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The official documentation says that it is possible to use custom blocks in python code but you need to create metadata. I haven't found an example of it.

My question is how to create, use and distribute metadata for custom blocks.

Example

@interface SomeClass

- (void)doSomethingWithCompletion(void(^myBlock)(SomeObject *obj, NSError *error));

@end


def pythonMethod():
    def completion(obj, error):
        # staff
    foo = SomeClass.new()
    foo.doSomethingWithCompletion_(somehow_pass_completion)

The question is how somehow_pass_completion should look like and how to provide metadata for myBlock.

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Could you give an example of what you're trying to accomplish? –  Josh Caswell May 4 '11 at 18:46
    
Let my know, if my example doesn't specify the question. –  Kentzo May 5 '11 at 18:11
    
No, that's perfect. I may not get to the answer till later today, but I know what you need to do. –  Josh Caswell May 5 '11 at 18:17
    
Okay, answer posted! Good luck! –  Josh Caswell May 5 '11 at 21:22

1 Answer 1

up vote 6 down vote accepted

The metadata that is mentioned is information, stored in XML format, about the return and argument types of Objective-C methods. It is needed so that the PyObjC bridge knows what type to turn a Python object into when passing it back across to Objective-C code. You can check out the metadata if you like; it's in .bridgesupport files inside of the PyObjC framework. The AppKit metadata, for example, is at /System/Library/Frameworks/Python.framework/Versions/2.6/Extras/lib/python/PyObjC/AppKit/PyObjC.bridgesupport It can be generated for any Objective-C code you have using Apple's gen_bridge_metadata command-line tool. Theres a man page for that utility, and man 5 BridgeSupport is also informative.1

PyObjC provides the functions objc.registerMetaDataForSelector and objc.parseBridgeSupport, both of which allow you to add metadata for your methods, using either Python dicts (the former function) or the XML format described in the BridgeSupport man page (the latter). Examples of using registerMetaData... are available in the pyobjc source at: pyobjc/pyobjc-core/PyObjCTest/test_metadata* (and nearby test_metadata*.py files)2.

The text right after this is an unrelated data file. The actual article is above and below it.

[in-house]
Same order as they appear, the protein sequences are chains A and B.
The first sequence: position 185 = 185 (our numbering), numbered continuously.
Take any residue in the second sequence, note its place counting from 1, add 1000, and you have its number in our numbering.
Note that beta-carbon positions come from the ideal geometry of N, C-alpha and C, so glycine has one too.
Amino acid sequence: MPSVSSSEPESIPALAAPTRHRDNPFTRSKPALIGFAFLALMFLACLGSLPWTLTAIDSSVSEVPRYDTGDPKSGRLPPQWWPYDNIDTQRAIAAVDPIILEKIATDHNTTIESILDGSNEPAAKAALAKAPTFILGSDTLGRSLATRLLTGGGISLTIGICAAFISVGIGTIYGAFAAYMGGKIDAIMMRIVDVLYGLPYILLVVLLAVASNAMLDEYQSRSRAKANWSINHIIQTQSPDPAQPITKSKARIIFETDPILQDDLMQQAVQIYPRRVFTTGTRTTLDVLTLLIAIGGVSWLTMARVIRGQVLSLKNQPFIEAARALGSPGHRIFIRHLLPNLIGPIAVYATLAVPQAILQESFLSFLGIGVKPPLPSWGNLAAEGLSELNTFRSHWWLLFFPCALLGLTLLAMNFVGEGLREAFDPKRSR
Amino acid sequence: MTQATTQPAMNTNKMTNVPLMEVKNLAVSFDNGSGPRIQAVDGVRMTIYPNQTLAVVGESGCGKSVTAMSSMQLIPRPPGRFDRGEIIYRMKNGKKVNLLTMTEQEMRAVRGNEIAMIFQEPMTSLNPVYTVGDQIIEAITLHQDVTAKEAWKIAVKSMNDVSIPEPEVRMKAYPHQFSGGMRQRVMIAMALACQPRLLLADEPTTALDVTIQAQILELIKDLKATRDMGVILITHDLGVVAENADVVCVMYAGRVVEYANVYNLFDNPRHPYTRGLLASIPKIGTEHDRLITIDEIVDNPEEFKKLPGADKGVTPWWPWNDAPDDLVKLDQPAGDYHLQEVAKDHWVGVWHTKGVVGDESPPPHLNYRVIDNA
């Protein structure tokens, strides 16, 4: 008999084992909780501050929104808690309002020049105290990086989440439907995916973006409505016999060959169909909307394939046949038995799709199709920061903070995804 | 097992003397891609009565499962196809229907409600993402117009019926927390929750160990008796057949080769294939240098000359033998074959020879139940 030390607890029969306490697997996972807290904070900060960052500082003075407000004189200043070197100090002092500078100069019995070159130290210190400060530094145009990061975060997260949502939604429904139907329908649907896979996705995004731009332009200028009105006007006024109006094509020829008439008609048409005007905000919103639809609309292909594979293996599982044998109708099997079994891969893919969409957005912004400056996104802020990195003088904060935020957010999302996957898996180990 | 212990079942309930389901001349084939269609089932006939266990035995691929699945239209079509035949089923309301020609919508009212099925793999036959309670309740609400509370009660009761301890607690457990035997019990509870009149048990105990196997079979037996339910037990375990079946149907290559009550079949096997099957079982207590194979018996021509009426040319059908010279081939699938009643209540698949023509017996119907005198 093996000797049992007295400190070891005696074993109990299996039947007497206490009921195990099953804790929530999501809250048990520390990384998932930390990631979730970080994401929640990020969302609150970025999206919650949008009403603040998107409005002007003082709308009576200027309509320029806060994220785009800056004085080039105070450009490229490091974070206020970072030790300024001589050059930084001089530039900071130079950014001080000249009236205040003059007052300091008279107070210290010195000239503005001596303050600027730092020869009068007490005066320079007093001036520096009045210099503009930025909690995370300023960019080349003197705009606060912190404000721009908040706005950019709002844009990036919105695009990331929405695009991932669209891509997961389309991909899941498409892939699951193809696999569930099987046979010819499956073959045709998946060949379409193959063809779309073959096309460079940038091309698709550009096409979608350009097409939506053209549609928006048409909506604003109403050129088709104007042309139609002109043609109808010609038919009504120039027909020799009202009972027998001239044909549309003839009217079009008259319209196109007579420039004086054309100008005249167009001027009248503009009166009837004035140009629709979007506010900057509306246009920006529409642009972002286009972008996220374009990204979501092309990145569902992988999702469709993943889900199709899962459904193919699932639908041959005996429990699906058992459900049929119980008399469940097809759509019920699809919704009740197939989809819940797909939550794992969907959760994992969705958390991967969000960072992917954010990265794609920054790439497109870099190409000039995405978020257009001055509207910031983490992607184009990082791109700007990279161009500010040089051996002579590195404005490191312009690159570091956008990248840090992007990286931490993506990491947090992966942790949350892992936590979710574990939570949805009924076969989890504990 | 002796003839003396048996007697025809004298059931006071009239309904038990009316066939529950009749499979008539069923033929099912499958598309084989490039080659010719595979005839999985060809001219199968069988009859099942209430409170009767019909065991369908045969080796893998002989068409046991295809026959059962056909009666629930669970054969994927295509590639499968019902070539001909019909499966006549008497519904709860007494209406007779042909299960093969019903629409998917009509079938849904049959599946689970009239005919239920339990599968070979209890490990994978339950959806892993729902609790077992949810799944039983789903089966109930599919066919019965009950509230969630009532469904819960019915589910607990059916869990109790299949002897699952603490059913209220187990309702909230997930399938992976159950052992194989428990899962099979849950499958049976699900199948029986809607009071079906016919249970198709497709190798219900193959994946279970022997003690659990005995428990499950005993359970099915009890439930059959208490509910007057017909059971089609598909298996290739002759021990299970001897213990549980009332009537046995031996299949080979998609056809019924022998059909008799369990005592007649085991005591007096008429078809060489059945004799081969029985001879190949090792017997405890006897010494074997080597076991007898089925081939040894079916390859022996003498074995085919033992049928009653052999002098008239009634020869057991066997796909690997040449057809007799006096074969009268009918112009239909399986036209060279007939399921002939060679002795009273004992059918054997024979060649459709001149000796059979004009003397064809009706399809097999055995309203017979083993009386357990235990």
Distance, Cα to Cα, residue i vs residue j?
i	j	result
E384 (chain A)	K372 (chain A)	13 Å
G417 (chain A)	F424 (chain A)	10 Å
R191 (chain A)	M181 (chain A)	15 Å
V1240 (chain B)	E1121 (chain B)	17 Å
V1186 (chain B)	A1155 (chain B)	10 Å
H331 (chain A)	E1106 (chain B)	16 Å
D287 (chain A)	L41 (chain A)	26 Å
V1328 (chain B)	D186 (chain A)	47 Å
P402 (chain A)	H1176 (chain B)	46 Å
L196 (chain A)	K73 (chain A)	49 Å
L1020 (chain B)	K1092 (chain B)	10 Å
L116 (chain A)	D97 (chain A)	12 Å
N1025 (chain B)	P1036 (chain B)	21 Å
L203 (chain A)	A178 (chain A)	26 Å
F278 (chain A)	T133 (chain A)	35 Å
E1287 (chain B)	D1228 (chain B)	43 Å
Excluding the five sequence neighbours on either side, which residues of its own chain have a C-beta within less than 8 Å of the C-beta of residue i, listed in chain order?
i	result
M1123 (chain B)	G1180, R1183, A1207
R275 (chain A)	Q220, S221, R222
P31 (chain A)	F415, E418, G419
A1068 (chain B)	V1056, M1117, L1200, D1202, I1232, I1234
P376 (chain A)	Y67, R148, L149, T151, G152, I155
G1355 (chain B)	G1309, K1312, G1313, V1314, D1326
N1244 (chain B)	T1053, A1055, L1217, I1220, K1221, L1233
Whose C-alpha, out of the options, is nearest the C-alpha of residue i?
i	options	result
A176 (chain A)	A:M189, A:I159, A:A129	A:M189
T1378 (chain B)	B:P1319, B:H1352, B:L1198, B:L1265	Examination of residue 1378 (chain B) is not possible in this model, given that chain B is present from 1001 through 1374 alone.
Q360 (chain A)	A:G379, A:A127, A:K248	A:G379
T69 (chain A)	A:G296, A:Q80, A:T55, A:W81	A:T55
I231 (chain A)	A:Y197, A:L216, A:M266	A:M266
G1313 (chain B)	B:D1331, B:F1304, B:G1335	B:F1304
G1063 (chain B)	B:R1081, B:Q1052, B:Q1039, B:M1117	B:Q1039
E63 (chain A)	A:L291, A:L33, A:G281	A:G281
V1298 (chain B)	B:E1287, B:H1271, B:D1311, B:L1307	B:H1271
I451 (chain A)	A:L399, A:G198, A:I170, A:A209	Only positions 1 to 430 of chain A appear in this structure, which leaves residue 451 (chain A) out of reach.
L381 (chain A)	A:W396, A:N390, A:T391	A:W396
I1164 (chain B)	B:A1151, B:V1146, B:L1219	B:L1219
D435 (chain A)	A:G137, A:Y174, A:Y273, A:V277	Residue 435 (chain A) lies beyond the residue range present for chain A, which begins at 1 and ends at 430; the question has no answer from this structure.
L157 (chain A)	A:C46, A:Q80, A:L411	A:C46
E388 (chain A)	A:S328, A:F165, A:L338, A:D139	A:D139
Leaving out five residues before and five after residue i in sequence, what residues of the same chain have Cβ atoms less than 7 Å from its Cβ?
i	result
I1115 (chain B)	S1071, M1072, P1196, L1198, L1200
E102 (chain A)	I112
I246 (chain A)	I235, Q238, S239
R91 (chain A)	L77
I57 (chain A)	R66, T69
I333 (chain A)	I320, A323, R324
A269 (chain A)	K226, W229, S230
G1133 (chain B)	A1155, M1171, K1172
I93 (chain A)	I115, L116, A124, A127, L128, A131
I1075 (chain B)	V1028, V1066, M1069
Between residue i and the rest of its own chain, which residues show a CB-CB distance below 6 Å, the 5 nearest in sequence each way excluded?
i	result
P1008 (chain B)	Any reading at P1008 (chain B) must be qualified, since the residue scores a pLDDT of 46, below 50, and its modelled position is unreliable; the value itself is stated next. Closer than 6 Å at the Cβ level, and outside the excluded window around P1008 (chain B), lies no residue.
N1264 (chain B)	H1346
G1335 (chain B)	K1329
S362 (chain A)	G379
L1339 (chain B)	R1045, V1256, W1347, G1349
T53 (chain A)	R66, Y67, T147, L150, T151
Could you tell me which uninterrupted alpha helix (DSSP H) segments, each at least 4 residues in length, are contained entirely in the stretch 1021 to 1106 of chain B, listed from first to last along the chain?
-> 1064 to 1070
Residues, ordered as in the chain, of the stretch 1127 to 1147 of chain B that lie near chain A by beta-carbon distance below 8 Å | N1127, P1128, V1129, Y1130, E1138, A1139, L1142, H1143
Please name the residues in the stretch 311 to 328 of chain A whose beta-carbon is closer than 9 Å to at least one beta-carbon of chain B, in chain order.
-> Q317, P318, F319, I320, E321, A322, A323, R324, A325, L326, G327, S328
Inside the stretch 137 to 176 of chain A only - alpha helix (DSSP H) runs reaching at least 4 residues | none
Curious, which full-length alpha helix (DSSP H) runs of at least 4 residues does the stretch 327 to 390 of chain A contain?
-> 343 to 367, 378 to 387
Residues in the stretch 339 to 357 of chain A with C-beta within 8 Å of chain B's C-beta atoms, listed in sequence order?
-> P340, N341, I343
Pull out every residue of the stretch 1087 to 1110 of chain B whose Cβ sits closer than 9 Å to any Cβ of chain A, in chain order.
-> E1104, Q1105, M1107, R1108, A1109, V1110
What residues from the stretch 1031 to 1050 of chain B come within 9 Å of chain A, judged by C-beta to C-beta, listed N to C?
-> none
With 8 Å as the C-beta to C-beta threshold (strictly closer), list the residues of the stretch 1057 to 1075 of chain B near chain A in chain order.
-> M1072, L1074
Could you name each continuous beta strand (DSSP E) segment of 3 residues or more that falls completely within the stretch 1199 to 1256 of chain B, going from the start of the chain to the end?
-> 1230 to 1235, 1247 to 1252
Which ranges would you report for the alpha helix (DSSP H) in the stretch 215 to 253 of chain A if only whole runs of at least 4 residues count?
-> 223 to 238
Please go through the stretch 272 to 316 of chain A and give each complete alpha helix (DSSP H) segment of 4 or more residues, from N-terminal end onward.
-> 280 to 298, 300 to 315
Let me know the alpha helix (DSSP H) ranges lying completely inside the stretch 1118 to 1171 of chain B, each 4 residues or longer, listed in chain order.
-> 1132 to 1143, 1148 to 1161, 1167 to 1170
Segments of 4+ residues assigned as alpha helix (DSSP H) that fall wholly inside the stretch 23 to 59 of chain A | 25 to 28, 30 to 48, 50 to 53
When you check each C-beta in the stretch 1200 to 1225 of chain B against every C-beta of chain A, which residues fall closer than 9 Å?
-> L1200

Just as an example, this is the metadata for -[NSSavePanel beginWithCompletionHandler:], which takes a block as an argument:

<method selector='beginWithCompletionHandler:'>
    <arg index='0' block='true' >
        <retval type='v' />
        <arg type='i' type64='q' />
    </arg>
</method>

The arg type specifiers are the same Type Encodings that you get back from using @encode in Obj-C. The metadata for your method should be quite similar.

So, since you have your methods prototyped in Objective-C, you should be able to run them through gen_bridge_metadata to create a .bridgesupport file that you can include in your project, then use objc.parseBridgeSupport to read that file in. Using objc.registerMetaDataForSelector has also worked for me in the past; check out the linked examples above.

Once you have the metadata in the PyObjC "system", you can use any old callable object as an argument for the method that takes a block:

def pythonMethod():
    def myCompletionHandler(obj, error):
        pass
foo = SomeClass.new()
foo.doSomethingWithCompletion_(myCompletionHandler)

This is all kind of an amalgam of a few other posts I've made here about PyObjC: PyObjC and Returning Out Parameters | Indexed Accessor Method | Problem with openPanelDidEnd. You might want to take a look at those too.

It's been a while since I've futzed with this, so I may have left something out. Don't hesitate to ask for more info if you still can't get this to work. Don't give up too easily, though -- the bridge is a funny beast and sometimes you just have to show it who's boss!


1Another Apple doc you should read is: Generating Framework Metadata.
2I discovered these via a pyobjc-dev mailing list thread

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